Rhea Seehorn Was Prepared To Do Many More Takes Of That Really Difficult ‘Better Call Saul’ Scene Than She Had To

Warning: This post contains vague-ish spoilers for the last final episodes of Better Call Saul.

Better Call Saul came to an end on Monday, and even for a Breaking Bad spin-off, it went to some pretty dark places. One of the most gutting scenes happened in the penultimate episode, entitled “Waterworks.” It found Rhea Seehorn’s Kim Wexler having a breakdown on a bus. Crying onscreen ain’t easy, and Seehorn, a professional thespian, knows it. Luckily, they only wound up doing two takes, but Seehorn was ready to do far more.

“I didn’t know we’d only do two takes until I arrived,” Seehorn told Vulture in a kind of exit interview for the show. “I prepared as best I could to have to do many, many, many, many takes. That is not because any of our directors are sadistic, but it’s because the visual vocabulary of the show is many angles on the same thing. So, just technically, that requires you doing it over and over and over and over.”

Still, she was hoping for fewer takes. She was already anxious about having to “go over to a corner and drum up some painful memory of my real life.” But she also knew she “can’t do that for 36 takes.” One way she steeled herself for possibly doing several crying jags was to “think about the different pieces that she’s crying about here, because it is not just about one moment. She’s crying for the entire Shakespearean tragedy of Jimmy McGill and of Kim Wexler and of their relationship and of Chuck and of Howard and of people that try to be a good person and how hard that fight could be in day-to-day real life.”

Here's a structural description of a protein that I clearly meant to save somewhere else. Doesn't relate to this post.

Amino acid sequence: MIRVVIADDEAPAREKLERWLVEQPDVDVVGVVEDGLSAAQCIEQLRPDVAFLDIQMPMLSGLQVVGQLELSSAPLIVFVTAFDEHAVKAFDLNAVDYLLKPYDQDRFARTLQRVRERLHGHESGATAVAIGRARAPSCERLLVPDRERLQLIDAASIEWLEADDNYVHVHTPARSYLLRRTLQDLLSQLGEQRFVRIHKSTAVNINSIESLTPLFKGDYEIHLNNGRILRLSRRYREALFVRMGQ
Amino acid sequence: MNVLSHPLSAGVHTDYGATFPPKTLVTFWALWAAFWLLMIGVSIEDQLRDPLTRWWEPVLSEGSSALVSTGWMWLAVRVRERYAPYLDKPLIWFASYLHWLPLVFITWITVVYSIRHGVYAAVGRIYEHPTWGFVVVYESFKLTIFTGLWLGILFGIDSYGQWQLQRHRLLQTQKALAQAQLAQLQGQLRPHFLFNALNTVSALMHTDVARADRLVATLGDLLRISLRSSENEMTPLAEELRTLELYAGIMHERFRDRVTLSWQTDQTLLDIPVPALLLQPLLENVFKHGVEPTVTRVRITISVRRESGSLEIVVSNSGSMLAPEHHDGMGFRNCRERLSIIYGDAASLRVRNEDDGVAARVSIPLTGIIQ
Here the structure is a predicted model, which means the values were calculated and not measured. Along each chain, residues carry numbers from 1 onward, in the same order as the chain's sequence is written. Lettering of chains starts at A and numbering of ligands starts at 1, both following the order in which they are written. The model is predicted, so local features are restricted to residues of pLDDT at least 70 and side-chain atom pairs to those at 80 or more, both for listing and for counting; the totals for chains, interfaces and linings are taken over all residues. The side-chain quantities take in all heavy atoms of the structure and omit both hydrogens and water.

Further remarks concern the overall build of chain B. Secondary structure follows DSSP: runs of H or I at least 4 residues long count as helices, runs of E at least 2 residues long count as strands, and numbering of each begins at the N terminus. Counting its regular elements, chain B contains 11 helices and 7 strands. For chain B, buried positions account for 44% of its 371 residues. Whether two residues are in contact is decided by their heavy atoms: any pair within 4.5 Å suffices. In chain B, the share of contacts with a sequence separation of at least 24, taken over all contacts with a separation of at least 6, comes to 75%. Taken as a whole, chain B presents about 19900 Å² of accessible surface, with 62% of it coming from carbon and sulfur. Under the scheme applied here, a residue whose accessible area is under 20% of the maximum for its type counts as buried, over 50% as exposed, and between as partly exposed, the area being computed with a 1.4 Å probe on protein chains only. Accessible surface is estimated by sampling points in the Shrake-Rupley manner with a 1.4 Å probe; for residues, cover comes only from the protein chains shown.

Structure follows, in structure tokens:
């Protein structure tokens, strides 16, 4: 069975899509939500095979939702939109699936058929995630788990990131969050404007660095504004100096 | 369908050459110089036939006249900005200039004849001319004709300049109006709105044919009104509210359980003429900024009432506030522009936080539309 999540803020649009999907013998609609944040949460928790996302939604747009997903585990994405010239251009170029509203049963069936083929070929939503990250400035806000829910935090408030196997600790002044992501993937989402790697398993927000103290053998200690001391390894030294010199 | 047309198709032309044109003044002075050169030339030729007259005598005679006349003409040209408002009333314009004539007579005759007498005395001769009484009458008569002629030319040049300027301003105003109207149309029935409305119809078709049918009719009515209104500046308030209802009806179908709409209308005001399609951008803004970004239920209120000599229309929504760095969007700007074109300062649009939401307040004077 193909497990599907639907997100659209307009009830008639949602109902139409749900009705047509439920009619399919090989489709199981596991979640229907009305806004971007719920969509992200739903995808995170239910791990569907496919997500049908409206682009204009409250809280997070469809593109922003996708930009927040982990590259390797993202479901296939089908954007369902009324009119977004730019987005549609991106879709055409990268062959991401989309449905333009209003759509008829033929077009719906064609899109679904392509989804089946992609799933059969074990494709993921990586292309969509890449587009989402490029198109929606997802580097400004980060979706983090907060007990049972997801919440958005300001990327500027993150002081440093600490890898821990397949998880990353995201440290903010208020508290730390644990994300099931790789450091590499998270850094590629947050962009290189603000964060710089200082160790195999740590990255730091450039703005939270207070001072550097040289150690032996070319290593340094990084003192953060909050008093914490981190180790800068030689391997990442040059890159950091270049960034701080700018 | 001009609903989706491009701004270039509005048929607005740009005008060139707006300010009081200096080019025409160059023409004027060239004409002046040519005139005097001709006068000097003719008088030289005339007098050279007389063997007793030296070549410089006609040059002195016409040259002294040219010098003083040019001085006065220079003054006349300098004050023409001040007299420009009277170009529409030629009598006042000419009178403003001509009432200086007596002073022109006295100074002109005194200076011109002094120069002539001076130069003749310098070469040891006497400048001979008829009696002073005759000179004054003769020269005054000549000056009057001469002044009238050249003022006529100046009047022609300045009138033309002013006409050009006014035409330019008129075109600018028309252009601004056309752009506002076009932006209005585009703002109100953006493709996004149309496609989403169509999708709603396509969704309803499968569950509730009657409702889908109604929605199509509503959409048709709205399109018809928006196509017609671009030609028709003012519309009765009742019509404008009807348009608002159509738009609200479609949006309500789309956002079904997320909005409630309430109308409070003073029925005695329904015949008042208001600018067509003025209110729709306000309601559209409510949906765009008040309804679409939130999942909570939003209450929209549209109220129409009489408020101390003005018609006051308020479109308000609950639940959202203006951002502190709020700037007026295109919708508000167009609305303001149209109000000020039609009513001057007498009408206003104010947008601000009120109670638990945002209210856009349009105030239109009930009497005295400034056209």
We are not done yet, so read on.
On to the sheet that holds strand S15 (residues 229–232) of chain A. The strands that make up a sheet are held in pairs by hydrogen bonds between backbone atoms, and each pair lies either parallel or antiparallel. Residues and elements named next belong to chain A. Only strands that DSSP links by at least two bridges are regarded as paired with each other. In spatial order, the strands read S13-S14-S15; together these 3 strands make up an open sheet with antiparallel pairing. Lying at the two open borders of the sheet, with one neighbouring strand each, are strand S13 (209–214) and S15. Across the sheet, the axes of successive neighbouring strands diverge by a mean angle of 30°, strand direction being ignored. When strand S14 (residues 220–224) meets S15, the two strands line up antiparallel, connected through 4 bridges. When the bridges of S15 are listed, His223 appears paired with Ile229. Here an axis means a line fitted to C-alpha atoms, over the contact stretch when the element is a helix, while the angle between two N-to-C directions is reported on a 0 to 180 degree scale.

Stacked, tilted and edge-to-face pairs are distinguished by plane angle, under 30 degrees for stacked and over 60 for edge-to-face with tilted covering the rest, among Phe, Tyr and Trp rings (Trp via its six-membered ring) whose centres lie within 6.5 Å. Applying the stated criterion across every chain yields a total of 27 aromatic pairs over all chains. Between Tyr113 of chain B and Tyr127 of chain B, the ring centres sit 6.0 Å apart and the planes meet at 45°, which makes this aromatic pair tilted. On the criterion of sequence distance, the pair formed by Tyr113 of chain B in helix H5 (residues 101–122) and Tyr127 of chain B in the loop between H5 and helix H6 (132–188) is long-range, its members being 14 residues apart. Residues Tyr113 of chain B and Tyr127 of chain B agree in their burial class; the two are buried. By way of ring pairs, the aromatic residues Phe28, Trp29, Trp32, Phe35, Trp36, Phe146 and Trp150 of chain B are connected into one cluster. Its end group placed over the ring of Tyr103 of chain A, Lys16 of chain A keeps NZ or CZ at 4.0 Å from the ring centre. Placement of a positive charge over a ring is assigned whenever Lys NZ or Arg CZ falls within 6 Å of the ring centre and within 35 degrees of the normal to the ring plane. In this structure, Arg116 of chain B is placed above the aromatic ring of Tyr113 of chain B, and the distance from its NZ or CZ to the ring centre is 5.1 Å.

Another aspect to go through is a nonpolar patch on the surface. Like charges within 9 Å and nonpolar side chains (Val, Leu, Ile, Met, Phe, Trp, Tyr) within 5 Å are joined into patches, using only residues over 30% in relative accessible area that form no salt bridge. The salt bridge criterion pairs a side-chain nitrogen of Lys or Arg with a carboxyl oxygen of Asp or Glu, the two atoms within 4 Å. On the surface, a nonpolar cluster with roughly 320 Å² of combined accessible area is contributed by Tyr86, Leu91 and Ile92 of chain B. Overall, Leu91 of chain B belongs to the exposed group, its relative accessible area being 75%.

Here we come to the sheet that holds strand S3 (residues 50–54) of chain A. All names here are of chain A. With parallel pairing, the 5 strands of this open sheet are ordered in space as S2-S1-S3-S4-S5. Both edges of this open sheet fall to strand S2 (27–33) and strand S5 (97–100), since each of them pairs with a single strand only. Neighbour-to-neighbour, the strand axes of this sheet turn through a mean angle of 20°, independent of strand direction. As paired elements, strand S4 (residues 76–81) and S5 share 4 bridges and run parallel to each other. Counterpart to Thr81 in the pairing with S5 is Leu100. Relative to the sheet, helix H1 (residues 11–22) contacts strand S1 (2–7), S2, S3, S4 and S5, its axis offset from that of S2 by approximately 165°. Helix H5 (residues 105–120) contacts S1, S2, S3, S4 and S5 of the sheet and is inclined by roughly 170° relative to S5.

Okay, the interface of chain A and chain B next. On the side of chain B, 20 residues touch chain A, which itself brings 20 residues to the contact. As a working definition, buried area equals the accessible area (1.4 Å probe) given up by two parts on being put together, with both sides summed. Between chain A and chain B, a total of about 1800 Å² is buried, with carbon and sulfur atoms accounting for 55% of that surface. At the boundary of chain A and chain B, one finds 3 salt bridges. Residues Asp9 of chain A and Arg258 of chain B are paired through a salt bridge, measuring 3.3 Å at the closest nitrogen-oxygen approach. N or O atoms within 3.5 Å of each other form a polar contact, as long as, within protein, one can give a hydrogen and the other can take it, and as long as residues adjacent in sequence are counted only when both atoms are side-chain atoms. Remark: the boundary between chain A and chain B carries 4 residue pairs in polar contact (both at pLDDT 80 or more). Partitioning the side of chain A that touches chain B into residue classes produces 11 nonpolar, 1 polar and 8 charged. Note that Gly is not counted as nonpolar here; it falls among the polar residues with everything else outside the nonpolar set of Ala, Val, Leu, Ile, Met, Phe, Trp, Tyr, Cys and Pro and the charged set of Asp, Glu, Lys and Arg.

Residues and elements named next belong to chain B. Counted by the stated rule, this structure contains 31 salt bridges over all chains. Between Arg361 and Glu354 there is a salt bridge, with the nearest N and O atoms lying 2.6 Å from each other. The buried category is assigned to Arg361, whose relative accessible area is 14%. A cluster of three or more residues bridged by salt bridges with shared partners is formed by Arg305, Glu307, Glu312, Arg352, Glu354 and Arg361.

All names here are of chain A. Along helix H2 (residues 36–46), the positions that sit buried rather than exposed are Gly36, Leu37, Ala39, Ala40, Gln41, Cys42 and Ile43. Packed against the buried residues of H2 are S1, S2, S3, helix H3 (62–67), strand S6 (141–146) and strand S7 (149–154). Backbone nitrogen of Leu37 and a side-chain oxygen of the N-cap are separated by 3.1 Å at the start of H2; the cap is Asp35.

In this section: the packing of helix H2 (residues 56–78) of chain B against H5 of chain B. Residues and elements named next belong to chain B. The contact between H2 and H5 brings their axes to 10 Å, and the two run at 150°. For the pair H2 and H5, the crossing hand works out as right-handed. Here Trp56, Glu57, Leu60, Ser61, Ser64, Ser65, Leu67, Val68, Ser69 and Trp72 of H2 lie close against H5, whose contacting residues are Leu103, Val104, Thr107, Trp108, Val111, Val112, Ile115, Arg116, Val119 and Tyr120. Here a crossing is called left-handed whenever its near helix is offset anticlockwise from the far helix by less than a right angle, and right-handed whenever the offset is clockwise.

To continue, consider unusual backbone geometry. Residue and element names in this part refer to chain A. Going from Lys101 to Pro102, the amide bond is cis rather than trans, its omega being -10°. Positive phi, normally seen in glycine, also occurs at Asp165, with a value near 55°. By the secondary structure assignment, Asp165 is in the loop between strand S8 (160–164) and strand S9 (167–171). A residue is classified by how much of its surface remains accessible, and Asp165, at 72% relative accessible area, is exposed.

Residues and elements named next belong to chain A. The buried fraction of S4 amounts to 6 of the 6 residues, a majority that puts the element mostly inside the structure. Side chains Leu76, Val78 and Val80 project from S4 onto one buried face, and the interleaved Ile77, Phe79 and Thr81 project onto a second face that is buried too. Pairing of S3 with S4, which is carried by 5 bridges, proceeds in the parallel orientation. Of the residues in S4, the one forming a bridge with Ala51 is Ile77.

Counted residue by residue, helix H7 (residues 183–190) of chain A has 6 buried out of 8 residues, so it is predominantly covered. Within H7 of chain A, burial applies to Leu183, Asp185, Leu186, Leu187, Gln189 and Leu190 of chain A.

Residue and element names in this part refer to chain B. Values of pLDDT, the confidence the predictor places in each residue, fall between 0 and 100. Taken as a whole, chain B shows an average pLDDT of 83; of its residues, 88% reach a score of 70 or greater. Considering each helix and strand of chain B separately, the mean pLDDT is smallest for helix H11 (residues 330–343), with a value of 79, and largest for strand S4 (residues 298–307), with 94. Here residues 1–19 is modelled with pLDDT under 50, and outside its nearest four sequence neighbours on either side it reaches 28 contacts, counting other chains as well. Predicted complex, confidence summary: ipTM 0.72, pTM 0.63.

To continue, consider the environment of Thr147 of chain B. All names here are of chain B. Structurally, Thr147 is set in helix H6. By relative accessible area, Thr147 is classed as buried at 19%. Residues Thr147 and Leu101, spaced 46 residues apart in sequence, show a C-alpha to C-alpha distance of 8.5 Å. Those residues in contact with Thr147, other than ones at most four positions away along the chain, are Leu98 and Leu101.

And so Seehorn decided to think about the many heartbreaking aspects of the show’s storyline:

I just tried to pull all of those things, get on a bus with strangers, which made me feel so alone even though my crew was there, and now try really hard not to cry. Literally that was my plan because if you go in there and say, “I hope I can make myself cry for 30 takes,” you’ll fail. That’s too scary. I literally just put the things physically that we have all felt in extreme shame in our lives or extreme pain in our lives and then try to not let them come all the way out. As soon as you get fissures and it cracks a little bit and you fight to squash it down harder, it’ll come back at you harder. Those are the takes you ended up witnessing and then Vince [Gilligan, the show’s creator and the episode’s writer/director] said, “I think we’re good. We’re just going to do two.” And I was like, “Oh.”

Seehorn says she even offered to do more, but Gilligan told her, “No, we have it exactly. We have it exactly.”

The scene not only shows a side of Kim we’ve never seen before, but also one, Seehorn argues, that she’s never seen of herself. “Someone asked me the other day in an interview, ‘Do you think Kim, over the last five, six years, has been privately crying in a closet like this away from people?’ I said, “No,’” Seehorn explained:

“The decision I made is that this is the first time she’s let any of this out. She would not let herself feel it. One, for fear that the dam would never be able to be closed up again and two, because of the compartmentalizing. You can’t rehearse it in a traditional way, but I did a lot of thinking about it and then gave myself some tactile markers that I knew that I could have as a reminder of my starting point each time when I get on the bus.”

You can watch Seehorn cry her eyes out in the video above. Hope you liked it because you might not be seeing the Breaking Bad-verse any time soon, though Seehorn told Vulture if Gilligan and team ever change their minds, she’s return to the role “in a heartbeat.”

(Via Vulture)